New research findings from the University of Virginia’s Curry School of Education and the Stanford School of Education show that “redshirting” in kindergarten – the practice of delaying for a year a child’s entry into kindergarten – is not happening at the rate previously reported.
In “‘Academic Redshirting’ in Kindergarten: Prevalence, Patterns, and Implications,” published April 16 in the journal Educational Evaluation and Policy Analysis, study co-authors Daphna Bassok, assistant professor at the Curry School of Education, and Sean F. Reardon of Stanford found that only between 4 percent and 5.5 percent of children have their entry into kindergarten delayed.
Recent articles in popular news outlets and magazines have suggested that redshirting is more popular than it actually is. For instance, a 2008 New York Times article noted 17 percent of kindergartens were 6 years old rather than 5 when they started kindergarten.
“The perception recently has been that redshirting children for kindergarten is an increasingly popular practice, reaching upwards of nearly 20 percent of kindergarteners,” Bassok said. “Our research shows that those numbers are way off and in reality we are seeing only about 4 percent of students starting kindergarten a year after they are first eligible.”
Bassok noted that redshirting is garnering the attention of policymakers, in addition to education researchers.
The low rates nationwide, however, mask large variations across groups. According to the study, redshirting is extremely unlikely in schools in low-income neighborhoods, but in some high-income communities there are schools where nearly one in four children delay kindergarten entry.
Low-income and minority families are far more likely to indicate concerns about their child’s readiness for kindergarten, a major reason to consider redshirting, but rarely delay kindergarten entry. While nearly 6 percent of white children are redshirted, the study found less than 1 percent of black children are; children from higher-income families redshirt almost three times as often as low-income children.
“Delaying kindergarten means finding and paying for another year of child care,” Bassok said. “For most low-income families, redshirting is far too expensive.”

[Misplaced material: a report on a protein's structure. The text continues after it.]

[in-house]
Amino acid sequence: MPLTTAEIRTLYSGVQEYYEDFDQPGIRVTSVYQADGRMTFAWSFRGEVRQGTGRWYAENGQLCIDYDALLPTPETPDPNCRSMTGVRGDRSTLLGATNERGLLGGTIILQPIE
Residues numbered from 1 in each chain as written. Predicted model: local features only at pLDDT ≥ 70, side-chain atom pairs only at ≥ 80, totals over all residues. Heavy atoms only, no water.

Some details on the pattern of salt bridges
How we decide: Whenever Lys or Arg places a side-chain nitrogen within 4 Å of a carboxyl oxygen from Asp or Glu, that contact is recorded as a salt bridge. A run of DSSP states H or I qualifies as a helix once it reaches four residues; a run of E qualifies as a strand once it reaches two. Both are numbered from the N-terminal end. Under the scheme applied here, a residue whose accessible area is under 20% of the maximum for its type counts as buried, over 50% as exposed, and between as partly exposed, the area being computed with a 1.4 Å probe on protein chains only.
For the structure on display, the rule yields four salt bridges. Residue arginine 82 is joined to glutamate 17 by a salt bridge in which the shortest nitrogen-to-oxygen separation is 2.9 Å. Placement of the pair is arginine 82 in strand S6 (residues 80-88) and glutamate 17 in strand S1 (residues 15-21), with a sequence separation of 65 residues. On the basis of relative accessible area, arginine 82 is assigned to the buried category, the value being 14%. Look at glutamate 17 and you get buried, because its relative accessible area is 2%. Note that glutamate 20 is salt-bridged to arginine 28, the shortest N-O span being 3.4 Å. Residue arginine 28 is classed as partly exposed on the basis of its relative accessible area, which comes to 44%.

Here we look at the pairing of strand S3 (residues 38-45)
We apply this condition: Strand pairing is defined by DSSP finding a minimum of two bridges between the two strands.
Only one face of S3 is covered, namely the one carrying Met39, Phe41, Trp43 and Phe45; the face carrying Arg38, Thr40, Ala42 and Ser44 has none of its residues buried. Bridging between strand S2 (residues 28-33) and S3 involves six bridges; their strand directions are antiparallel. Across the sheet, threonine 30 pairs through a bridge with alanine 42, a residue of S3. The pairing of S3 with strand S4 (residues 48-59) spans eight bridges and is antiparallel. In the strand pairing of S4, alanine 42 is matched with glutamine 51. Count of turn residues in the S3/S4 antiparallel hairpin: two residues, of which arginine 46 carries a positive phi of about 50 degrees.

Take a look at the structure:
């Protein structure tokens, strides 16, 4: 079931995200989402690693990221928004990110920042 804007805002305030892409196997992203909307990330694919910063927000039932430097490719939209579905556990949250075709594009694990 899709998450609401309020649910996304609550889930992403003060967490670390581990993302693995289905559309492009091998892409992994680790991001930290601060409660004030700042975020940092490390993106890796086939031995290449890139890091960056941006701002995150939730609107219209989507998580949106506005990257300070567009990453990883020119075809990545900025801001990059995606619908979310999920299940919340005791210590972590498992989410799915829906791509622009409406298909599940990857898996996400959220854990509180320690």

The authors also find that redshirting is twice as likely to occur among boys than girls. One common explanation for redshirting is that children – particularly boys – are not prepared for the increasingly demanding kindergarten environment. However, in their study, Bassok and Reardon find that children who delay kindergarten do not seem to lag physically, socially or cognitively behind other children their age.
“We examined whether the children who delay kindergarten are those who seem to be struggling or immature, as evaluated by their preschool teachers, parents or even direct test scores,” Bassok said. “We were surprised that at age 4, kids who end up delaying kindergarten looked just as ‘ready’ for school as their peers.”
The study’s findings suggest that redshirting parents are mostly concerned about their child’s position relative to the other children in their classes. In communities where redshirting is common, there can be a large gap between the oldest and youngest students in a class. Parents whose children have birthdays close to the cut-off date for enrollment often would rather wait a year to enroll, so their child becomes among the oldest rather than youngest child in the group.
Bassok’s current research is looking at whether or not the perception is true that the academic rigor of kindergarten is increasing, which she hopes will add more insight into the practice of redshirting.